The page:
The High Cost of Non-Compliance
In the event of an audit or lawsuit, your business could be fined hundreds of thousands to millions of dollars if your records and practices are non-compliant with employment regulations. Below are some real-life examples of the cost of non-compliance. All recent and some may be in your area. It doesn't matter your size, your industry, or your intention, the government will fine you. Let's be honest, our government is broke. They even budget for employer fines. They're not going to give you a break if non-compliance is discovered.
Non-compliance of federal and state employment regulations can directly impact the bottom line of any organization, but especially small businesses. It is important to understand the ramifications of business decisions so as to minimize the financial exposure of business decisions. The following are some examples given by the Society of Human Resource Management (SHRM) of the financial impact non-compliance is having on American businesses.
Wrongful Termination - $500,000
Average defense costs are approximately $85,000. Jury verdicts typically average $500,000.
Sexual Harassment - $95 Million
In 2011 a Belleville, IL employee was awarded $95 million in a sexual harassment case because the employer did not handle the complaint correctly.
A judge awarded a recruiter $8.1 million for sexual harassment, sex discrimination, retaliation, and emotional distress claims against her employer.
Age Discrimination - $4,200,000
A former claims adjuster, age 37, was awarded $4.2 million by a jury who found that age was a determining factor in his termination. After a jury trial, an employee was awarded more than $800,000 in damages from the employer, who was found to be in “willful” violation of the Age Discrimination in Employment Act.
Racial Discrimination - $380,000
An African-American employee, who was fired after testing positive on a drug test, was awarded $380,000 by a jury. The employee was asked to submit testing after he was involved in a minor accident. Although he requested a confirmatory test, the company refused and terminated him.
Family and Medical Leave Act (FMLA) - $80,000
A hospital employee was fired when she took leave to care for her two sick children. After being found liable, the hospital had to pay $58,000 in back pay and benefits. A jury awarded an employee, who was fired after requesting leave for depression and anxiety, $19,000 in damages and $80,000 in attorney’s fees.
Disability Discrimination - $7,100,000
A verdict in the first Americans with Disabilities Act case to be litigated by the Equal Employment Opportunity Commission (EEOC) awarded $572,000 to a plaintiff who was fired after he was diagnosed with terminal brain cancer. A jury awarded a discharged executive $7.1 million in compensatory and punitive damages after he was fired one day before he was scheduled for release from an outpatient alcohol rehabilitation program.
Fair Labor Standards Act (FLSA) - $10,000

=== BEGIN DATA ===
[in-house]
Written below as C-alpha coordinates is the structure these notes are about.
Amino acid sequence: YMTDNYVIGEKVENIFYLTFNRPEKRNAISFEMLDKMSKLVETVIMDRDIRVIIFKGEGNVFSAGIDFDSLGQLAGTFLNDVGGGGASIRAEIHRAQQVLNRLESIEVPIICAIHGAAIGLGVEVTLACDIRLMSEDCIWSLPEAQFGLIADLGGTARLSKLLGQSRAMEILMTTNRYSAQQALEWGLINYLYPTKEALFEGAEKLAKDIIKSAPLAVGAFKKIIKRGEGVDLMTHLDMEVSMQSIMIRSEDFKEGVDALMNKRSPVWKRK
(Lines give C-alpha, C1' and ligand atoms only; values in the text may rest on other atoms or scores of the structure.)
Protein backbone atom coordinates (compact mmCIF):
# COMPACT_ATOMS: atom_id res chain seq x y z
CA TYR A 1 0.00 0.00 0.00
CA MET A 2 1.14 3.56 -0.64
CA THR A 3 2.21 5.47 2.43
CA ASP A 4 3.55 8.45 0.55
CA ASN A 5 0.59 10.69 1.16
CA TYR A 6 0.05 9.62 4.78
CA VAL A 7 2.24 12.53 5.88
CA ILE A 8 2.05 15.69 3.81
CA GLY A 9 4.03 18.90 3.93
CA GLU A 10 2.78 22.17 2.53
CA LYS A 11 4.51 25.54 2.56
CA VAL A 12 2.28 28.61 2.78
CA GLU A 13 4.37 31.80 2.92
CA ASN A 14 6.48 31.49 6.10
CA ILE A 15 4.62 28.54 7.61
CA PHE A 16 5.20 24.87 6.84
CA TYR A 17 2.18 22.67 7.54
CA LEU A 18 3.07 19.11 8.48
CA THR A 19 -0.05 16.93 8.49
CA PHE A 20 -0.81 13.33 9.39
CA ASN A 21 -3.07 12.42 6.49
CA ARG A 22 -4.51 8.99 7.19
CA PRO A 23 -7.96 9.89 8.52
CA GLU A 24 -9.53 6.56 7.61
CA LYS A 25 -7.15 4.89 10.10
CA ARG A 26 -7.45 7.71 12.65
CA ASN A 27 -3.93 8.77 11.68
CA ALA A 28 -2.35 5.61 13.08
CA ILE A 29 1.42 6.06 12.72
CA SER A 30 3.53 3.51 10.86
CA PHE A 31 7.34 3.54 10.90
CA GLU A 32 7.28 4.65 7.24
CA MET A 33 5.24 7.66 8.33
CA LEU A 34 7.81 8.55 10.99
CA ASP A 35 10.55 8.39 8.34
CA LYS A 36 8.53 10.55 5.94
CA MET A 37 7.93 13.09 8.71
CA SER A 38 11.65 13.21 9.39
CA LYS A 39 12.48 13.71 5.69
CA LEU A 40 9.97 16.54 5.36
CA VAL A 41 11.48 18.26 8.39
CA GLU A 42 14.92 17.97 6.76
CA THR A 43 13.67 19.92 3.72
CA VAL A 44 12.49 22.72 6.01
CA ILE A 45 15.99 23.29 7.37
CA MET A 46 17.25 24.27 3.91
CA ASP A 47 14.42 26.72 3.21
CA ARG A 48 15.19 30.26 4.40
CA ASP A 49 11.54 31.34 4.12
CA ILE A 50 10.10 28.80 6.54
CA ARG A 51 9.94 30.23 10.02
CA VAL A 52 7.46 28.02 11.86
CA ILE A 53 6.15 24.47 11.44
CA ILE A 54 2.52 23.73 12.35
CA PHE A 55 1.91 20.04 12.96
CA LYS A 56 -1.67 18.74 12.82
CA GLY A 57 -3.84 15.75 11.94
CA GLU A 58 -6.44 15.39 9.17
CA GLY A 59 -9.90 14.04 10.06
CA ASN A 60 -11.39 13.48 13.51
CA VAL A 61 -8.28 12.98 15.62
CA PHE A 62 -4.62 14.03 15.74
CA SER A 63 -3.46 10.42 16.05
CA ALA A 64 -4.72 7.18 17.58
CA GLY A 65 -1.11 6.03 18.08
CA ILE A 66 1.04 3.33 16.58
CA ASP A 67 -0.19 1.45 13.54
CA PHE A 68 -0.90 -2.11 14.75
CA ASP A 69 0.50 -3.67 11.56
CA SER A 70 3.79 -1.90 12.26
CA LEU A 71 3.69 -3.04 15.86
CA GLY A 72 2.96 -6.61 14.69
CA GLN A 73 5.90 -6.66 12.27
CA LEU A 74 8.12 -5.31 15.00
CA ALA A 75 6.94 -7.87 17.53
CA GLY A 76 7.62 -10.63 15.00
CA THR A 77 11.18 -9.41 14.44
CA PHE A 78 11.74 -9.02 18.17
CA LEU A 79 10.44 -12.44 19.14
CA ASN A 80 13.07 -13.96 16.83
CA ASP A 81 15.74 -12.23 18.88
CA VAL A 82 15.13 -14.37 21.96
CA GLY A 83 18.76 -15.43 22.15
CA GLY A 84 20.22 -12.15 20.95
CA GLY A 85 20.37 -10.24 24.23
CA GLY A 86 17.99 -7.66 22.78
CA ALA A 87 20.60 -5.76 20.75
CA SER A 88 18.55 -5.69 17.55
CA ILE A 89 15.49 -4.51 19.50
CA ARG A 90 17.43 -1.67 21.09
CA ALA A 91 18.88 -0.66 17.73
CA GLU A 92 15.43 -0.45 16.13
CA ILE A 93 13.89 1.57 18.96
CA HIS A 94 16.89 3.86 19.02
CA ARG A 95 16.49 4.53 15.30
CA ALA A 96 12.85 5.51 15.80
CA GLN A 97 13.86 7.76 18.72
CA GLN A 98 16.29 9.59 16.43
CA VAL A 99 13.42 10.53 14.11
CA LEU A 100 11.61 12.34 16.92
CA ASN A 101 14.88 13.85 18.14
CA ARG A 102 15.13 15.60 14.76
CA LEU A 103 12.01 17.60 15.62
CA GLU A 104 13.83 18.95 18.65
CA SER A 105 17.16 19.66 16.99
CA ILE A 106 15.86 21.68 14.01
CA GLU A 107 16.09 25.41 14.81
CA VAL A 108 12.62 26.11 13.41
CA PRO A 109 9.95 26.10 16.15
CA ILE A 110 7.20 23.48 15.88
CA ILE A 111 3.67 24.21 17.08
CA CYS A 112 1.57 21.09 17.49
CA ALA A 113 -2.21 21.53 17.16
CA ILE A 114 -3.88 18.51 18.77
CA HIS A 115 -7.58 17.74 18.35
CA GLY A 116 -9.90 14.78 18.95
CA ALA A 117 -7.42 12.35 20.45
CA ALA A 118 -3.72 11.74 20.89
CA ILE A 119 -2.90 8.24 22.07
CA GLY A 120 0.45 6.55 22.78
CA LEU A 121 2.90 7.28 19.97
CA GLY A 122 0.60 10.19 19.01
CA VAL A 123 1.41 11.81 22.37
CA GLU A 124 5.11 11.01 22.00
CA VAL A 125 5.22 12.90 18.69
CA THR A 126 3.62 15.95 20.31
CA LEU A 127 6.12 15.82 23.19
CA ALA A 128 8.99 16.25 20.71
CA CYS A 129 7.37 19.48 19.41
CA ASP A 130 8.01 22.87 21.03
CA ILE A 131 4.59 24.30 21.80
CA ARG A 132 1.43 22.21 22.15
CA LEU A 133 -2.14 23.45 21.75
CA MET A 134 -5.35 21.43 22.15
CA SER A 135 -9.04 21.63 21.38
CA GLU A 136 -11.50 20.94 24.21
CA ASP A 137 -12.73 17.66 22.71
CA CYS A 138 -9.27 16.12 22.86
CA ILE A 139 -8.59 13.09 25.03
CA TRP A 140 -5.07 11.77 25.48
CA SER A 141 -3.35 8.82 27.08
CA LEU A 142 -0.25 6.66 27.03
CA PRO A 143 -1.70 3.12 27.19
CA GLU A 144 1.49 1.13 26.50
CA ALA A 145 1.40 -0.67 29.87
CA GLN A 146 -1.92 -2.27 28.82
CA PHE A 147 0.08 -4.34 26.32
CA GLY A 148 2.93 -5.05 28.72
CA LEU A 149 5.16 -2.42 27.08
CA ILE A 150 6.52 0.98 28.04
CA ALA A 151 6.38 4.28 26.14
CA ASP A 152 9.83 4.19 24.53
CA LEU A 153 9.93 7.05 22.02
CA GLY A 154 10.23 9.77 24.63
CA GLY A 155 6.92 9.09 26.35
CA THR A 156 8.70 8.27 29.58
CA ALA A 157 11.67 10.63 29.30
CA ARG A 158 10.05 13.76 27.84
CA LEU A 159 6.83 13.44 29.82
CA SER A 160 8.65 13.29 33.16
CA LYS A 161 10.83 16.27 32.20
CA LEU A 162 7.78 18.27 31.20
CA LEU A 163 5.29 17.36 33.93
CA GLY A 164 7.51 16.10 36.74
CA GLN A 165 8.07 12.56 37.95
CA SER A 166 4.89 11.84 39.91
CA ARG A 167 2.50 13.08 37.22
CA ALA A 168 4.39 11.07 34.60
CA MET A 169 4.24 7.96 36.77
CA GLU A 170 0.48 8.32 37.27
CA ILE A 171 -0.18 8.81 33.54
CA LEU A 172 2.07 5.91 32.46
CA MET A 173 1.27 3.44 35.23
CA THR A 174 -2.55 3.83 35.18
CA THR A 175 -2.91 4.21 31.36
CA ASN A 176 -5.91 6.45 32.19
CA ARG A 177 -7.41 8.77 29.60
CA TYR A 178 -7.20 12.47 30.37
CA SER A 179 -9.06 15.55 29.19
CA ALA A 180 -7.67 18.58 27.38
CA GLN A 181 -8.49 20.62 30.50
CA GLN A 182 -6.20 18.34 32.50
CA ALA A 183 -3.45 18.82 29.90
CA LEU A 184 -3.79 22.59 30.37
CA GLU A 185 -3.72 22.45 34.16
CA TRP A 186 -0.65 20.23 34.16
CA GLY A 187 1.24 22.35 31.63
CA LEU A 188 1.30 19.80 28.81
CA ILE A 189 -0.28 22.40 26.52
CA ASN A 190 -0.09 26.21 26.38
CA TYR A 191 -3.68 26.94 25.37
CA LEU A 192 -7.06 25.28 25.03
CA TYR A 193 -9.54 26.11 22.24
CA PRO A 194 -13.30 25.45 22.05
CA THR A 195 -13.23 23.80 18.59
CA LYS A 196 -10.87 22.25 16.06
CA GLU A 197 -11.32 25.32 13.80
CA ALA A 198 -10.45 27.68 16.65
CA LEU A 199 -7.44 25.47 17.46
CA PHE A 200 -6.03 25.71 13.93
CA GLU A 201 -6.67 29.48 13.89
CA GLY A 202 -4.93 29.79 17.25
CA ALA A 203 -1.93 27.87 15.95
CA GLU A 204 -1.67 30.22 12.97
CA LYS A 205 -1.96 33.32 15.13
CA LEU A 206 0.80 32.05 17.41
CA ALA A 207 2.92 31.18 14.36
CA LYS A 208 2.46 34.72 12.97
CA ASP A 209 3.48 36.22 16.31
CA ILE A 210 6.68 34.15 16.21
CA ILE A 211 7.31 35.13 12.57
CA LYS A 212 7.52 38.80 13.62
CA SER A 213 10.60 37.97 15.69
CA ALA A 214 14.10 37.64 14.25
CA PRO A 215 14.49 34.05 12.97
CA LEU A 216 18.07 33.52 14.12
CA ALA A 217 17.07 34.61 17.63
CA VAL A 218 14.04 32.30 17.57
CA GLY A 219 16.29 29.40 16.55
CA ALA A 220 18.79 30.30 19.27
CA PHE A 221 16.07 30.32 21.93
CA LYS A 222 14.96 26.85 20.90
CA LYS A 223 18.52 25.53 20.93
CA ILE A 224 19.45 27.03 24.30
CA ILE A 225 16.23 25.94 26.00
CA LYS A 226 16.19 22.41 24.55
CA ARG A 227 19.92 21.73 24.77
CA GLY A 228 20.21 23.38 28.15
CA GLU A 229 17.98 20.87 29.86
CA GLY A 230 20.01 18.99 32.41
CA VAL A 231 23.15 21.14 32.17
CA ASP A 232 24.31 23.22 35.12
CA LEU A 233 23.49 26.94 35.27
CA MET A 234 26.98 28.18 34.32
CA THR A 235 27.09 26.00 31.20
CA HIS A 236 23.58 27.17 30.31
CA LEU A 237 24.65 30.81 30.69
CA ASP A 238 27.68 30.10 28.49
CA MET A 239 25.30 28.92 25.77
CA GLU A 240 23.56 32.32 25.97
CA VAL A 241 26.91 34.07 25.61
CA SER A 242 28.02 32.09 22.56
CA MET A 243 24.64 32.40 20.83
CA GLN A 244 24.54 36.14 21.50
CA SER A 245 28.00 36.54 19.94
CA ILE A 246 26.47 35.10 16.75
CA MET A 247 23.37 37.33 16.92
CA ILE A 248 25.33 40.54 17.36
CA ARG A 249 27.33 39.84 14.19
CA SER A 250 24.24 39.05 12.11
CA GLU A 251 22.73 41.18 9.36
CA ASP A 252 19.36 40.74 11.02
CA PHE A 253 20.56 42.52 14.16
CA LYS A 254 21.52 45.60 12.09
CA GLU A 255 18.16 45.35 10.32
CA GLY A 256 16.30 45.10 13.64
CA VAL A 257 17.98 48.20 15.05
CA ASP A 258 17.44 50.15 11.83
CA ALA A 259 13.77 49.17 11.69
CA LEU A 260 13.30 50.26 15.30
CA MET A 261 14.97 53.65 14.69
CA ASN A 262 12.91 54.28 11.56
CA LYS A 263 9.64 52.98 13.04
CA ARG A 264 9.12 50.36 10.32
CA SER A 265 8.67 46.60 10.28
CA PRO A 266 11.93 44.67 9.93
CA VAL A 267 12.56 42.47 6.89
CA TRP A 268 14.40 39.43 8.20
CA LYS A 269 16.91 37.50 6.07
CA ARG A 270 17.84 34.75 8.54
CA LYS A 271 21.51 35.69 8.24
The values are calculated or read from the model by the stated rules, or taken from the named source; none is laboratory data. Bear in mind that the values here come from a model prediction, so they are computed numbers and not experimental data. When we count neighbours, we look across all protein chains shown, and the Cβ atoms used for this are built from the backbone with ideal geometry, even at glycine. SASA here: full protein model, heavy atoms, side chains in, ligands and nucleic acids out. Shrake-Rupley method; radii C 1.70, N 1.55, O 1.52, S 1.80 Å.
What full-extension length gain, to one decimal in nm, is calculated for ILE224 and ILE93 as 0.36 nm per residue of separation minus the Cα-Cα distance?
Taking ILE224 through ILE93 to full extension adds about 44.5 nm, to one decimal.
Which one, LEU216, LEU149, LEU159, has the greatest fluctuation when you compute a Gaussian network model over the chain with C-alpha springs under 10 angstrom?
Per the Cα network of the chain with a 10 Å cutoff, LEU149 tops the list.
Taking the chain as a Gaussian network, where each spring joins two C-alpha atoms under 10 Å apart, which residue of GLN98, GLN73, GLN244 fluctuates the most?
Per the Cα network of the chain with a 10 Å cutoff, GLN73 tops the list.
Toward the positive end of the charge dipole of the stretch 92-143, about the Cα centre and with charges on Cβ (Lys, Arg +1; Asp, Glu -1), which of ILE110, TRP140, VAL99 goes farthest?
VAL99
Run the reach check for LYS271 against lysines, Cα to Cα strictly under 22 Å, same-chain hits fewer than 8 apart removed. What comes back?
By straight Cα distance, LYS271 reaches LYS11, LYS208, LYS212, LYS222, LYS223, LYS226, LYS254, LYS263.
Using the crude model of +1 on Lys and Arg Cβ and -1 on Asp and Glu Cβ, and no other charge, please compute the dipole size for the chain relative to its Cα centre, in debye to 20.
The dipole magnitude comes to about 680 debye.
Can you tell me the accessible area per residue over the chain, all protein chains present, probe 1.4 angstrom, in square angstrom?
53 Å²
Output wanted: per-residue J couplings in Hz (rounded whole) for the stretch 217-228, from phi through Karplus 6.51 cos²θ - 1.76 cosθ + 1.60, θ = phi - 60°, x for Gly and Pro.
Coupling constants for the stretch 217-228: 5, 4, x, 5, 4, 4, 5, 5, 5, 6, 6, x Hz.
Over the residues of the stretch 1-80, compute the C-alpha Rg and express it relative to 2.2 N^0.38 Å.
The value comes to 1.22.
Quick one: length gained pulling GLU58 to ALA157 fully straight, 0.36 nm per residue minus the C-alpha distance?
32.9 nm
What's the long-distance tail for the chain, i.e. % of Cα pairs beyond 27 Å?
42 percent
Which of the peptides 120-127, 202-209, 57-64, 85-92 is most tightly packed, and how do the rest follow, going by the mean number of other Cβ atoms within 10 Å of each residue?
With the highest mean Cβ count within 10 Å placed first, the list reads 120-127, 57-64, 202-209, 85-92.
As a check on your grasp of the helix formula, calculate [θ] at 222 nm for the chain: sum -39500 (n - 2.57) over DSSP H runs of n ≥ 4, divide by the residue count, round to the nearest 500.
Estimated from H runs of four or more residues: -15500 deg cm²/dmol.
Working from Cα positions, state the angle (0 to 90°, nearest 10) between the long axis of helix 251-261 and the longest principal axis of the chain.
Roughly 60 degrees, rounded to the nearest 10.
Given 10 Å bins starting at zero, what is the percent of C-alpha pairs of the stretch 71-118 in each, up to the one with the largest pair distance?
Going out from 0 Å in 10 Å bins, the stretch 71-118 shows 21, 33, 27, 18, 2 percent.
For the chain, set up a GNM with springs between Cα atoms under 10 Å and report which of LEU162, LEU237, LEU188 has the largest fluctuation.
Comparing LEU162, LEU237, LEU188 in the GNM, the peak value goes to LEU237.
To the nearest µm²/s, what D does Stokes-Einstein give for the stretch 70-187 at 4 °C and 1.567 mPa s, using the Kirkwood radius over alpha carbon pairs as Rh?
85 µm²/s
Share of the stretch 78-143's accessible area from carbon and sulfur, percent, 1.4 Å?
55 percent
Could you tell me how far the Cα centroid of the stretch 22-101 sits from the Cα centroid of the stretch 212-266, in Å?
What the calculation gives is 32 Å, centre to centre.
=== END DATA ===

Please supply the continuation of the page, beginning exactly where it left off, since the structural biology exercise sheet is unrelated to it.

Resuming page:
The FLSA provides that an employer found guilty of willful violations of the Act may be fined up to $10,000. Subsequent violations may include imprisonment for up to six months. Furthermore, the employee has the right to sue “any court of competent jurisdiction” for any unpaid minimum wages or overtime.
Illegal Immigrant Workers - $10,000
If a company is found to willfully violate the Immigration Reform and Control Act, the company can face up to$2,000 for each unauthorized alien. If subsequent violations follow, the company will be subject to fines ranging from $2,000 to $10,000 per violation, and an additional $1,000 per each paperwork violation incident.
National Origin Discrimination - $18,000,000
A texas federal court jury has awarded four former managers of a large convenience store chain more than $18 million after the chain was found to have discriminated on the basis of national origin.
Religious Discrimination - $500,000
A security guard was awarded $500,000, including attorney’s fees, after he was harassed and prevented from praying at work.
Negligent Hiring - $2,500,000
After a deliveryman attacked a customer, the employer was held liable for $2.5 million for negligently hiring and retaining the deliveryman. No job interview was conducted; no references were requested; and he was not asked to complete a job application. It was later discovered that the deliveryman had a juvenile record for armed robbery and burglary and had adult records of arrests and convictions for assault and battery.
COBRA - $1,000,000
Both husband and wife were covered under group plans for their respective employers (dual coverage under both plans). The husband contemplated leaving his employer and asked if he would be entitled to elect COBRA. His employer assured him that he could elect COBRA. He paid all monthly premiums due for coverage. Several months later, his wife gave birth to twins who required intensive medical care. The husband’s plan denied claims for coverage, asserting that the husband never should have been permitted to elect COBRA because he had dual coverage at the time of the termination. The wife’s plan denied all claims as well. A lawsuit resulted. The court awarded damages to the husband and wife in excess of $1 million.
Equal Employment Opportunity Commission (EEOC) - $775,000
The EEOC alleged that Target created and condoned a racially hostile work environment at its store in Springfield, Pennsylvania. The agency said a group of black employees were subjected to inappropriate comments and verbal berating based on race. Further, when one of the black employees objected to this treatment, he was retaliated against, according to the agency. The settlement provides a class of 14 employees with $775,000 and requires that all managers in the store receive training in the company’s equal employment opportunity policies.
Do not risk losing your business